Tow Pilot Checkout & Wing Walk Doubler

Build Crew:

Hours:

Sam
2.4

A day that started at sunrise scraping ice off a Citabria, and ended at 10pm after a great build session with Sam is exactly what I would describe if asked to define a perfect “me” day. Read the long post below to learn what aviation firsts I knocked off my list today, as well as what some newly arrived parts allowed us to build. Enjoy!

A day of "firsts"

My whole career in aviation (over 28 years now!) has been about learning. There are so many facets of aviation that you can literally spend a lifetime and not experience all the “firsts” that exist. Building the RV-8 is an example of that. The dream of solo’ing a plane I put together with my own hands is a goal that has been top of mind for many decades. 

 

Well…today I got to experience a few more of those “firsts” in aviation. It was an exhausting and exhilarating day that started at sunrise and ended after dark. As I had mentioned in a previous post, I was working to get my Tow Pilot checkout, and back in October I completed the Glider and simulated Towing portions of the checkout. This morning, I got to do my first (and second… and eleventh(!)) glider tows. But before I could do the first tows, I needed to get checked out in the tow plane. There was only one problem. The plane only has one seat. And so, the first of the firsts, I was going to jump in a Piper Pawnee PA-25 and take to the air having never flown with an instructor beforehand. 

The Piper Pawnee PA-25 is a Cropdusting workhorse that has been widely adopted by the glider community.

Once I completed the self checkout (uneventful and quick), The glider instructor (John) and I reviewed one last time the flight brief for the first tow, and I taxied onto the runway for hookup. After getting the signals from the ground crew that we were connected, I pulled up slack and took to the sky carrying another aircraft in tow. The craziest part, is that since it was such a busy day, I proceeded to spend the entire day there as the tow pilot, and ended up doing 11 total tows. From the flight out to the glider port, to all the checkouts and flights, as well as the return flight, my day ended up consisting of 17 landings, 5 high tows, 6 pattern tows, and a whole bunch of new friends. Between the towing, skydiving operations on the field, and many cool planes coming in and out, I really got to experience the “General Aviation” that many are nostalgic about. What a fun experience and I look forward to going again now that I am officially part of the glider tow pilot crew.  Below are some pictures (and one video) from the day.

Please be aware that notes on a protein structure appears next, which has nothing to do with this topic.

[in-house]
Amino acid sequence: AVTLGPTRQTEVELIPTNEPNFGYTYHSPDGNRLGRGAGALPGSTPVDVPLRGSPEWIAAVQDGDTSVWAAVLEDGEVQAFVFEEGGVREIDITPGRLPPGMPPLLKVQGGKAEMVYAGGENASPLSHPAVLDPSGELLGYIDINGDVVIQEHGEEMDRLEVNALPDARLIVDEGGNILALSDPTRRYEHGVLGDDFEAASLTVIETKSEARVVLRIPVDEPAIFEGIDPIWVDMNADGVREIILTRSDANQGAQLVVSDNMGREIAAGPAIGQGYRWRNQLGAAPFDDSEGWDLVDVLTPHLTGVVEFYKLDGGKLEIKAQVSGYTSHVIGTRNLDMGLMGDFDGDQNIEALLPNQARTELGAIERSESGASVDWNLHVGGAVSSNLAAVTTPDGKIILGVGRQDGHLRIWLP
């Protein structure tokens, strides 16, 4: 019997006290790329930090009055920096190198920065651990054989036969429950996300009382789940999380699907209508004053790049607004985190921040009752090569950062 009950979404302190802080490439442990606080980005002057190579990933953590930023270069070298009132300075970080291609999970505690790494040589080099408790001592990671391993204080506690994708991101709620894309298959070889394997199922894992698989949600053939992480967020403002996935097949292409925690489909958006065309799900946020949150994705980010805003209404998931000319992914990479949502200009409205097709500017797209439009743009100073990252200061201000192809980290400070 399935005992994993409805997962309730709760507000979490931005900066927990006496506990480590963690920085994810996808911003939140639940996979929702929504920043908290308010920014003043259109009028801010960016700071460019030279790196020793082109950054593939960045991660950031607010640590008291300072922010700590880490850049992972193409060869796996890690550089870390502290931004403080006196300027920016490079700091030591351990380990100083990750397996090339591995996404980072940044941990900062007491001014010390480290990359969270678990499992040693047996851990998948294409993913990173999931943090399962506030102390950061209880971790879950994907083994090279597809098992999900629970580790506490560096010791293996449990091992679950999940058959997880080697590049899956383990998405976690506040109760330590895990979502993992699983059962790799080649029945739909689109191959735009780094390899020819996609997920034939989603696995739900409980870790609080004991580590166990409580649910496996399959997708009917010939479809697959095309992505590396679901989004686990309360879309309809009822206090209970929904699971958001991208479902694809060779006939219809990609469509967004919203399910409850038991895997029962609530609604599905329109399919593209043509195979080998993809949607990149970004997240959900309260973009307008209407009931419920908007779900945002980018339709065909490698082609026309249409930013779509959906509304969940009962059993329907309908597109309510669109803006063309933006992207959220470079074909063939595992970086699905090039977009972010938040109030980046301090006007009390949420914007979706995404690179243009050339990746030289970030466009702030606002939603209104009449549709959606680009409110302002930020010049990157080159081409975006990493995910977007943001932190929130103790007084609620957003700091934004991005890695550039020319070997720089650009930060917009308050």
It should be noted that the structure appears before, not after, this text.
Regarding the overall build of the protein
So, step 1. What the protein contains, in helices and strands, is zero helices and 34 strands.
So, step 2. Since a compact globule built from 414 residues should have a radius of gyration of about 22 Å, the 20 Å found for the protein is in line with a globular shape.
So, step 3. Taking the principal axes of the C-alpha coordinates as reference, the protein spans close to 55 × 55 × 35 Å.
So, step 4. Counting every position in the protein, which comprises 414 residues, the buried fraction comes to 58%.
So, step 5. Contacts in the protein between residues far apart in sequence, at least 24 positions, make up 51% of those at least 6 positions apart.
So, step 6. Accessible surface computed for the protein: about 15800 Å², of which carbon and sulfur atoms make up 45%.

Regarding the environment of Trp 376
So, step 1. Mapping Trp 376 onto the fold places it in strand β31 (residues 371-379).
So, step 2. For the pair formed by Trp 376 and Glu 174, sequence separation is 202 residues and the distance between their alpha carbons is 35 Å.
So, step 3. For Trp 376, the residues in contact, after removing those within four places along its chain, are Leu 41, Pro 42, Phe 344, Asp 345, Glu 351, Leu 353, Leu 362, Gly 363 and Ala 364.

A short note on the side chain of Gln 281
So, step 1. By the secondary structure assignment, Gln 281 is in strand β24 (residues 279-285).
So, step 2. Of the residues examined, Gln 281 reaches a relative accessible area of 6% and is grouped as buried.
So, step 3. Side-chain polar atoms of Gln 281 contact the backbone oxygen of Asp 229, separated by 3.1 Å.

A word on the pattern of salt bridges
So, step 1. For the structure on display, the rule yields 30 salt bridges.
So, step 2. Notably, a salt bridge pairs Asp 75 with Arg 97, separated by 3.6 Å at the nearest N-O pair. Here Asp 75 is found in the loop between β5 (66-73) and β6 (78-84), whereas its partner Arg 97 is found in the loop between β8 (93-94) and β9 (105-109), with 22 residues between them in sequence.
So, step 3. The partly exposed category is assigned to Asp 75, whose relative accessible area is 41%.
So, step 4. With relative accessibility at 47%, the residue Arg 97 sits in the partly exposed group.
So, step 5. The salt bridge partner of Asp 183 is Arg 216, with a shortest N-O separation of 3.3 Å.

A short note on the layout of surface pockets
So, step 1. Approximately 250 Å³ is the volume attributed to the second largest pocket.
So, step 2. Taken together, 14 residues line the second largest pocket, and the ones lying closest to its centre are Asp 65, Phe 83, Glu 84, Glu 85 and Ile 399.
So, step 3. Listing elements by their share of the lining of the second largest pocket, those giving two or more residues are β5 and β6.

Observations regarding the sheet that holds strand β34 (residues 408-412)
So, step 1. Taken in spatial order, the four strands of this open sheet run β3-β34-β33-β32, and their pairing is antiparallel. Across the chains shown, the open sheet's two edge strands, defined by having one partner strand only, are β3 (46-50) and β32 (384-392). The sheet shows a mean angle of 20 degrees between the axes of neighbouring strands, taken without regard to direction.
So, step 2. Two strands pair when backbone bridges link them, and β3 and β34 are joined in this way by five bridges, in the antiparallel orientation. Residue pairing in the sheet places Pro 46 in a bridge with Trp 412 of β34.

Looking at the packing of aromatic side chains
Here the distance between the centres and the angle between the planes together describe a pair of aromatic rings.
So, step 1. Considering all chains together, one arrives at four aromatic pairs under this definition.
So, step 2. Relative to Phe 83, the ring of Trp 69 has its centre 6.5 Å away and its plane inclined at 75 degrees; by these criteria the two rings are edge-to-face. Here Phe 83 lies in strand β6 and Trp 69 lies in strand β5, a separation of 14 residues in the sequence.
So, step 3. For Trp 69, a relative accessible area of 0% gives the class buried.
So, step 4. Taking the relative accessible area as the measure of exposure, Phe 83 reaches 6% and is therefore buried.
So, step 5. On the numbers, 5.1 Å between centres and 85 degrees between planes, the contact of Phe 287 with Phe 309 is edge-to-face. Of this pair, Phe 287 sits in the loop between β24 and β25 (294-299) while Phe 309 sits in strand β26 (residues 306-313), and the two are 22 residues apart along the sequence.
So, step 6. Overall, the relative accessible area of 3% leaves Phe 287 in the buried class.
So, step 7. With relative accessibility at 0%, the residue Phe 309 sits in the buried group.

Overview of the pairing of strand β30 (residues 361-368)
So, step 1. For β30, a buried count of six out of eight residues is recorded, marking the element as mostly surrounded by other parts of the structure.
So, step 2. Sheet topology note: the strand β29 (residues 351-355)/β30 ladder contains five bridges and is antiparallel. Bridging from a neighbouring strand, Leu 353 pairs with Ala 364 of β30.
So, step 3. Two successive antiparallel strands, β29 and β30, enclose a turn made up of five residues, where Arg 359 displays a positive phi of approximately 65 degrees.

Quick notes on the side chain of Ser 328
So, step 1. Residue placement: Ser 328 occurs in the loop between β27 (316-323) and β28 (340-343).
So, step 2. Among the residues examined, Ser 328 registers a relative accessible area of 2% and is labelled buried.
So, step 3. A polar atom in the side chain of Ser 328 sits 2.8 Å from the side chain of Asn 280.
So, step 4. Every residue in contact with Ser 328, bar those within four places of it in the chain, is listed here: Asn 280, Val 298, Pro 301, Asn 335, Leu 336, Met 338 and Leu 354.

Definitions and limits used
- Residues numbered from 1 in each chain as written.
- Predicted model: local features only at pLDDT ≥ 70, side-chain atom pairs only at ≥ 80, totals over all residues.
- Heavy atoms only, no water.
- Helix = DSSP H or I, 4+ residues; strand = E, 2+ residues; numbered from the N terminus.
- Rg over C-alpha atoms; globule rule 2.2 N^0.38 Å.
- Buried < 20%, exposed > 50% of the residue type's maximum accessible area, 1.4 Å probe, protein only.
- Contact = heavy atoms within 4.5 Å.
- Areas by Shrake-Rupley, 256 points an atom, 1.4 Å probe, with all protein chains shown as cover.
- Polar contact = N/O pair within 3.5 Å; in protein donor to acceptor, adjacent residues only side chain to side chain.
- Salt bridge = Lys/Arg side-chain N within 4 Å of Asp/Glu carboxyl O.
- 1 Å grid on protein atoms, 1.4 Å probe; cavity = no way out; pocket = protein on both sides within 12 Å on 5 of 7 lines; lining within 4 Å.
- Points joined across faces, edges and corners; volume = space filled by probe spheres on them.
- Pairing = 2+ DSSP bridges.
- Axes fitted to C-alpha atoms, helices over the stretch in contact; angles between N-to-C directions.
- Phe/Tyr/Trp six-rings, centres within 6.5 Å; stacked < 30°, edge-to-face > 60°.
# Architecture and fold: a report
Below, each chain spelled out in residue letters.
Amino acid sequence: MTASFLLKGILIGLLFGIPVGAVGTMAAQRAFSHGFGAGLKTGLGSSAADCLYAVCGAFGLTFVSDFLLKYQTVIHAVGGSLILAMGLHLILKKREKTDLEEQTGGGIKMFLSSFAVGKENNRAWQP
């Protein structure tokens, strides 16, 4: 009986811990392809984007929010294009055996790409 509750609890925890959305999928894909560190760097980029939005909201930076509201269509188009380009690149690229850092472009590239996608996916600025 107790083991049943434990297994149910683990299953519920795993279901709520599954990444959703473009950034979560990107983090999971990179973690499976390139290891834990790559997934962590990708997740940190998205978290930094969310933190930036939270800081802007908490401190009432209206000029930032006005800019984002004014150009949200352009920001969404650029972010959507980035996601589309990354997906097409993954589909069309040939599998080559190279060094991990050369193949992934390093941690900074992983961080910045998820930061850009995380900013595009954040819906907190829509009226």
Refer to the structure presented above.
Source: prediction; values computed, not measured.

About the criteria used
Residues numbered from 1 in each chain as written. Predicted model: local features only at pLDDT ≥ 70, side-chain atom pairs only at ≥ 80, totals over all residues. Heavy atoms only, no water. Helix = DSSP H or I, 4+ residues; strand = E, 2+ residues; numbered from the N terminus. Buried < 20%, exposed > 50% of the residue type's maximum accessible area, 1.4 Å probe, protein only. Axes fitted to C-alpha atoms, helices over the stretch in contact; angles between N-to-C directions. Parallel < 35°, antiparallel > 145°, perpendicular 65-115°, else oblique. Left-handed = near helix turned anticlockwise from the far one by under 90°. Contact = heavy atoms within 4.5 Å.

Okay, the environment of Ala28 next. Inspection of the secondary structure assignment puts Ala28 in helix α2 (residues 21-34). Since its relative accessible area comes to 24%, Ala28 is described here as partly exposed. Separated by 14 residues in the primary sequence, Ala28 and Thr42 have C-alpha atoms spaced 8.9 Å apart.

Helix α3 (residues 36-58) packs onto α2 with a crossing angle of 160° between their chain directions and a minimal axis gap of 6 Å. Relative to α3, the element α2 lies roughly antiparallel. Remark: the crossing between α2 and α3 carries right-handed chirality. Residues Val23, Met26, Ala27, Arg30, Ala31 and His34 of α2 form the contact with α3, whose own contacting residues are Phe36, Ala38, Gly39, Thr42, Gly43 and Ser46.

Panoramic view from the single seat cockpit. The visibility is spectacular for operations.

Wing Walk doublers

You’d think with such a long day, I’d get home and get some sleep…but not when a FedEx notification comes in letting you know a part you’ve been waiting two weeks for has finally come in. Sam and I had already planned on hanging out, so after a long stint away from the build, Sam came down to help fabricate the wing walk doublers!!

The wing walk doubler is a piece positioned under the inboard top skin of the wings to allow reinforcement for pilots and passengers getting into the plane (…i.e. walking on the wing…hence wing walk doubler). The part used to fabricate that was already cut to the current width (9 3/8″), but the length was longer than the 26″ I needed. I’m guessing this is because the part is probably used for the bigger wing of the RV-10 as well. So I needed to cut this down to length. Using the dremel, and then scotchbrite wheel, We ended up with correctly sized material. If you’re wondering what’s up with the outfit…just look at the thermometer…definitively “cold”.

Once we had pieces cut to size, we needed to get it positioned correctly to match drill using the top skin as a template. The key is to make sure the inboard sides are flush, and the front edge of the doubler is 9/16″ aft of the front edge of the top skin. We clamped it down, and started match drilling. By the end, Sam and I had a good routine with me drilling, and Sam clecoing and vacuuming. In about 30 minutes we were able to match drill a single doubler. 

After match drilling, we re-assembled the top skin, this time with the doubler underneath, and enjoyed the fruit of our labor! I’m excited we got this done as it completes the bulk of the “Fitting the skins” section. There is something satisfying about checking off a step that was previously skipped. Tomorrow it’s back to the fuel tanks, with some more rib flange straightening and fluting…my favorite (not!). Until then, Happy Building!!

3 comments

  1. Wowww what a busy day. Welcome back Sam. Nice to see you in such a great shape. 11 tows in one day. You certainly created sono kind of record. 0 to 11 in one day.

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